Combine 1-2 tablespoons of coconut oil with 8-10 drops of tea tree oil. Mix well and use as a scalp treatment if you have dandruff or an oily scalp. Follow the same timing and rinsing guidelines as you would with a 100% coconut oil scalp treatment.
Advice on Buying Coconut Oil for Hair
You can buy pure coconut oil from a wide range of retailers, but you shouldn’t just click “Add to Cart” on the first oil you find. Like any popular product, there are expired, diluted, and fake versions you need to avoid. Here are the 6 most important factors when buying coconut oil for hair:
Color: Pure virgin coconut oil is usually creamy white to light yellow in appearance. The final color depends on the color of the coconuts used. If yours is bright white or even clear, it’s probably refined or bleached.
Scent: Pure coconut oil is going to smell tropical, like coconuts, but shouldn’t be overwhelmingly strong. If you’re hit with a strong scent of sunscreen or a nutty aroma when you open the container, it’s been processed in some way.
Purpose/Extraction Method: You’ll most likely want cold-pressed unrefined coconut oil. This form retains the most fatty acids and nutrients, which are great for your hair and scalp. Heat-pressed coconut oil and refined coconut oil don’t have as much oomph. If you have finer hair or don’t like the aroma of unrefined coconut oil, you’ll still see a few benefits from refined (or “cooking”) coconut oil.
Texture: Cold-pressed unrefined coconut oil will stay solid at room temperature. That’s why you have to warm it up in your hands a bit before using. If you see coconut oil that’s liquid at room temp, it’s highly refined (and most of the nutrients have been removed).
Price: One thing I love about this natural product is that it is so affordable. Virgin organic unrefined coconut oil should only cost you $.50 to $.75 per ounce. If you see more expensive products, they’ve likely been refined. You can use refined or fractionated coconut oil if you prefer no aroma, just know it’ll cost more.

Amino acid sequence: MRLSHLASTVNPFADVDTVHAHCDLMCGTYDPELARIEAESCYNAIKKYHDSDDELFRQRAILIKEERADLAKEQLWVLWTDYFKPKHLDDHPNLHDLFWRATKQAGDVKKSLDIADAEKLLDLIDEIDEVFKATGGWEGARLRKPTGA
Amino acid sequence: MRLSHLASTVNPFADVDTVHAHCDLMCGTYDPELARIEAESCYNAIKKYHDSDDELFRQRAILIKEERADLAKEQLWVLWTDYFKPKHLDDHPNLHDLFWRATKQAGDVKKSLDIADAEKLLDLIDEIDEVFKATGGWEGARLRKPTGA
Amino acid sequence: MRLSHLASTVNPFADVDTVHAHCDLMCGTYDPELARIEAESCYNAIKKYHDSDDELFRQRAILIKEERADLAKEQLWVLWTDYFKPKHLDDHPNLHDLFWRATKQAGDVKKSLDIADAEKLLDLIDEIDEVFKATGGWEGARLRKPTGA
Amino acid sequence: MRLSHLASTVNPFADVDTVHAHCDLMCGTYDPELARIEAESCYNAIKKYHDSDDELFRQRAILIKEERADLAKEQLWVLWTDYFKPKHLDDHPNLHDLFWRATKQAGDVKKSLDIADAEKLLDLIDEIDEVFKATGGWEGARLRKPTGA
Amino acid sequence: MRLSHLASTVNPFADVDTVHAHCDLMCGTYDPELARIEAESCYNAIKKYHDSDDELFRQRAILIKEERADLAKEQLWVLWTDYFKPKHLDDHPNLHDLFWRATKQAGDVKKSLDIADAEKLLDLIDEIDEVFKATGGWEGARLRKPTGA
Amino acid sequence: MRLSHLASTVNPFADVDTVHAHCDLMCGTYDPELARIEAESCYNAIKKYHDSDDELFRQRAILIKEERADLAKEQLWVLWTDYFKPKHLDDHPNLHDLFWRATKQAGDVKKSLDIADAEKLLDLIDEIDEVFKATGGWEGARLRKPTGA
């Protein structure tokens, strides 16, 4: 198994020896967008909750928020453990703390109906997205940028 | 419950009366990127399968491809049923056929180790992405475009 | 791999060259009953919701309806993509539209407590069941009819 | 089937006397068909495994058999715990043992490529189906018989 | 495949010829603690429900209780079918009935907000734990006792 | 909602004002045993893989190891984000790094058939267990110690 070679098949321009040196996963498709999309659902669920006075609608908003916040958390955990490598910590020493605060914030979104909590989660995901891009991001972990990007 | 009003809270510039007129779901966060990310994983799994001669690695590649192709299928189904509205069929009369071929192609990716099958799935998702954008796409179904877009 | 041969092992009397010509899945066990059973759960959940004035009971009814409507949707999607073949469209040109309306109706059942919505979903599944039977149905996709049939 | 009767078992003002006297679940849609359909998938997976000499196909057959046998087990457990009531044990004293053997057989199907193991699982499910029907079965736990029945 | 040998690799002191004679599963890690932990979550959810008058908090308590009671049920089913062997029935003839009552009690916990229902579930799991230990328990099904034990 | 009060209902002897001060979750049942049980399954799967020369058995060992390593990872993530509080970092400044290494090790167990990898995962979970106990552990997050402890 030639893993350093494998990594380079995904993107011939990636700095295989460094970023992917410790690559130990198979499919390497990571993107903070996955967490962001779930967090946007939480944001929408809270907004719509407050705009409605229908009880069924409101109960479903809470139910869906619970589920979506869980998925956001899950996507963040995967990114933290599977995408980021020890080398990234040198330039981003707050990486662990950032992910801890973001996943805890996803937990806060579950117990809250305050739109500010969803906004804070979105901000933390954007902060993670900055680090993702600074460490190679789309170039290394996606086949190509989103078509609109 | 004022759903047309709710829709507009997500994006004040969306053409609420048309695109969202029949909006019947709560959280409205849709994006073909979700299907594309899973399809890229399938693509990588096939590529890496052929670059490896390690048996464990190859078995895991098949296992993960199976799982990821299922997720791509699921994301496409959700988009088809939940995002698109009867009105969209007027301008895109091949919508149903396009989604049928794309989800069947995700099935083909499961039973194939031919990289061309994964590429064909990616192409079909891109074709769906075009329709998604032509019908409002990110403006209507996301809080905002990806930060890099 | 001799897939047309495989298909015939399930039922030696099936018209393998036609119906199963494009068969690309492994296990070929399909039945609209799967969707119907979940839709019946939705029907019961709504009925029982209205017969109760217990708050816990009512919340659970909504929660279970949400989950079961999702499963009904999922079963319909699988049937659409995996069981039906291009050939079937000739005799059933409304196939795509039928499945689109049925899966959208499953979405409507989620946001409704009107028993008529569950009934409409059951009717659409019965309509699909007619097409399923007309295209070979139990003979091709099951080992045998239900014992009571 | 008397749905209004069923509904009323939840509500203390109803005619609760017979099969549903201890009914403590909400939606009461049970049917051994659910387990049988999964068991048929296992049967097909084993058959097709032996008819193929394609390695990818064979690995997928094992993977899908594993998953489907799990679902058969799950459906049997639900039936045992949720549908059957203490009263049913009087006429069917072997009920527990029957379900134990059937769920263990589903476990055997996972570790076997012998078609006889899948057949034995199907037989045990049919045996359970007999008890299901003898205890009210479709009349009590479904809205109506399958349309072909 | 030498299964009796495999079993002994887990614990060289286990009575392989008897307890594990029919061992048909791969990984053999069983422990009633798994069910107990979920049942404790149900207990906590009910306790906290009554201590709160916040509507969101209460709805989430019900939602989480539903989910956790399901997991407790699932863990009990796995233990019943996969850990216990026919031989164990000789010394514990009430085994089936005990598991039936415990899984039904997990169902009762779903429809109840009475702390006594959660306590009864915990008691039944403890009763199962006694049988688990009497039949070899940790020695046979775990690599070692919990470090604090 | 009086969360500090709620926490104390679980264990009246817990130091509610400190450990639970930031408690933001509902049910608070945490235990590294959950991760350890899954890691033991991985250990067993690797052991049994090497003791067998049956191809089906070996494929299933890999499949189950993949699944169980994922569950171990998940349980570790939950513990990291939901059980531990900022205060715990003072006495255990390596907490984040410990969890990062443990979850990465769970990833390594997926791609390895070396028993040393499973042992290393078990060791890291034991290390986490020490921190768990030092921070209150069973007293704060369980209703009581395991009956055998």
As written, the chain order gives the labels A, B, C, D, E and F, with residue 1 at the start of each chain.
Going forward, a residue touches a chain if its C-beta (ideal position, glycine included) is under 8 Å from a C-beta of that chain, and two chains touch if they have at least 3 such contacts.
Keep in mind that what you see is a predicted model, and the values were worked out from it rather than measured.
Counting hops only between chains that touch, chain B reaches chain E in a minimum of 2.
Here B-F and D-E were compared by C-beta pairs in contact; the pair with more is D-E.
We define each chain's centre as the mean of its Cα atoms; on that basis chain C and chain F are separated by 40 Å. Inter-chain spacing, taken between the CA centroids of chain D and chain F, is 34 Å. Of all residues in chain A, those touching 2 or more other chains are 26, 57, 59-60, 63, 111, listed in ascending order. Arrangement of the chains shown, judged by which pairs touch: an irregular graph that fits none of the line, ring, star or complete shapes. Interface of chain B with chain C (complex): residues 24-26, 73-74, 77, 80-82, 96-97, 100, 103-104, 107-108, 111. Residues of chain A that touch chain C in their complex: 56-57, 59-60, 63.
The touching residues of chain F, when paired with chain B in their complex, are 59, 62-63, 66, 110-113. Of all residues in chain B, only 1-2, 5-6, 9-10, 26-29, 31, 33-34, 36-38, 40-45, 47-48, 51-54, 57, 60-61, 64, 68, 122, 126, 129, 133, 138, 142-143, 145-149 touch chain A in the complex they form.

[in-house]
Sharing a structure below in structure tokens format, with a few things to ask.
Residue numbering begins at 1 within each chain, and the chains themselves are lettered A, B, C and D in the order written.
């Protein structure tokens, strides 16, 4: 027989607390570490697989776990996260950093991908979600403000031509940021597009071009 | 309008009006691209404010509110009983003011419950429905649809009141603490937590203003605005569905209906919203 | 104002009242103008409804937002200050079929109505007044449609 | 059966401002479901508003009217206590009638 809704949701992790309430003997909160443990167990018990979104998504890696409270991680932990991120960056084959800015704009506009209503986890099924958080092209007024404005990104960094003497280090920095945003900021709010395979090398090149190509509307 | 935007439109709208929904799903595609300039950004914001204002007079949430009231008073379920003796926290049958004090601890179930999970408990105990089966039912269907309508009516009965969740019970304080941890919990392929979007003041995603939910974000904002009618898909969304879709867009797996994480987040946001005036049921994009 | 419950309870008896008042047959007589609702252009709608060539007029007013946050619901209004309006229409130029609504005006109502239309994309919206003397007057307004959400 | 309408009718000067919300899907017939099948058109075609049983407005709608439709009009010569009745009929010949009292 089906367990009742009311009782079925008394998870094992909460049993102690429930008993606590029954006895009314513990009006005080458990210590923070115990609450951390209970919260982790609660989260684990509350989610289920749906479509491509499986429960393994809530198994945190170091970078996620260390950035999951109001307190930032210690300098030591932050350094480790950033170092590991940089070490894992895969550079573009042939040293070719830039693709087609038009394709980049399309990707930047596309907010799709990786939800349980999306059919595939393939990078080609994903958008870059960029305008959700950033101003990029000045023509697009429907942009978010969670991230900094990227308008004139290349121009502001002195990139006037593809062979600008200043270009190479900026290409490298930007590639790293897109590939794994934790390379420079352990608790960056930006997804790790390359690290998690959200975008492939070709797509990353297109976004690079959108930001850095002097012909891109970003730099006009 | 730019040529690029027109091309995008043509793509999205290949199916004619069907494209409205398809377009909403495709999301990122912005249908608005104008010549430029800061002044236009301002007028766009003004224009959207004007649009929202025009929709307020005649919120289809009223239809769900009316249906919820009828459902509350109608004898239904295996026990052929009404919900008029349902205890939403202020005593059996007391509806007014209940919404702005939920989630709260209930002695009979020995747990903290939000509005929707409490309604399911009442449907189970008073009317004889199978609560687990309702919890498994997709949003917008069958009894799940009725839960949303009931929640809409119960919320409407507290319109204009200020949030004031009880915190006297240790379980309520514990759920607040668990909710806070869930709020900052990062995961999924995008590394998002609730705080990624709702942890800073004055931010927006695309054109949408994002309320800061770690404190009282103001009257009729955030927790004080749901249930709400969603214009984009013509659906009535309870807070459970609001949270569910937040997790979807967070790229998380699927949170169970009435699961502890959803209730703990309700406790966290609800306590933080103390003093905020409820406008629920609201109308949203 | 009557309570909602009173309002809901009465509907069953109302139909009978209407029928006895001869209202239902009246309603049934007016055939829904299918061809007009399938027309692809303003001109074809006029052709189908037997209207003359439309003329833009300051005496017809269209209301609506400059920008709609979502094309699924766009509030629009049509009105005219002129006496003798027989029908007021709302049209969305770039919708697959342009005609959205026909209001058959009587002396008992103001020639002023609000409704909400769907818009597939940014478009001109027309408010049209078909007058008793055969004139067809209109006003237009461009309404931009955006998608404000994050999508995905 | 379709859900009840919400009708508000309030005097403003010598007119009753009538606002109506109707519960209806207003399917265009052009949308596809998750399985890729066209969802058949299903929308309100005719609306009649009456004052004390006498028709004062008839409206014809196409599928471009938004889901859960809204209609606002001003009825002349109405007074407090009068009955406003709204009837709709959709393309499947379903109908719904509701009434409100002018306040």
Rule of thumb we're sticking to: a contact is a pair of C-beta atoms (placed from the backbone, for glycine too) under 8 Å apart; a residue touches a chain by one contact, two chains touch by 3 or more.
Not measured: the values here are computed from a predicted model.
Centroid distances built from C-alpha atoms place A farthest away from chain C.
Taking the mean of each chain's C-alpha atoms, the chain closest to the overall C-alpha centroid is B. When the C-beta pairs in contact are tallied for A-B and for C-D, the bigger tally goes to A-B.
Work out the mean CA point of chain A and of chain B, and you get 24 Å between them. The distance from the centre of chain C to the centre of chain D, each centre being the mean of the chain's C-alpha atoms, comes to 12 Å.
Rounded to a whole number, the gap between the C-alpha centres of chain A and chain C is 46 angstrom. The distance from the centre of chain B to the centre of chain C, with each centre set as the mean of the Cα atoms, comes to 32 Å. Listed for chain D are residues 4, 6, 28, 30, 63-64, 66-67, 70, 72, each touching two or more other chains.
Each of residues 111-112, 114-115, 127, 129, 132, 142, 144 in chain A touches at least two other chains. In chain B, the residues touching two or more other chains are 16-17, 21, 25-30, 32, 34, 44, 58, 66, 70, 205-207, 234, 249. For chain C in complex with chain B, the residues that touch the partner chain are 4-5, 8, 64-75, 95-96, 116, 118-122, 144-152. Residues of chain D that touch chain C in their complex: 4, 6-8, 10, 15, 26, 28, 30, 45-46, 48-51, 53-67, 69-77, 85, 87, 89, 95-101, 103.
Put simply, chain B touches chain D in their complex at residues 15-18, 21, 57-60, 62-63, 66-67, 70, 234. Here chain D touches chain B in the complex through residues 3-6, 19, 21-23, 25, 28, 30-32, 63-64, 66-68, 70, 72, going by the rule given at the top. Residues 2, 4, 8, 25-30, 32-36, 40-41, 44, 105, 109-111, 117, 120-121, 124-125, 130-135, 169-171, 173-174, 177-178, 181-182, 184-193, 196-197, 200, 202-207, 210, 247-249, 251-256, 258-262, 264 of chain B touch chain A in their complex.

Sourcing: Sustainability is more important now than ever. In my experience, any brand who doesn’t focus on sustainability is likely offering a sub-par product. Look for organic and cruelty-free certifications on the label. I find brands that are committed to these values tend to have the highest quality products.
Frequently Asked Questions
Does coconut oil make your hair grow?
Right now, no study has proven that coconut oil makes your hair grow. (source)
But thanks to the many proven benefits of using coconut oil for hair, you still might notice a change. This oil is incredible for improving scalp health, nourishing your hair from the inside out, and protecting every strand.
Using coconut oil can make it seem like your hair is growing faster, since you’ll enjoy less breakage and fewer split ends.
Can I apply coconut oil to my hair every day?
Yes, you can apply coconut oil on hair every day. Just be sure to consider your hair type. If you have fine hair, don’t apply the oil to your scalp daily. Focus on your ends, and always start with a very small amount.
Using too much oil when you have fine hair can lead to a greasy scalp, which inhibits hair growth and causes dull-looking hair. (source) You can try using it daily, just start small.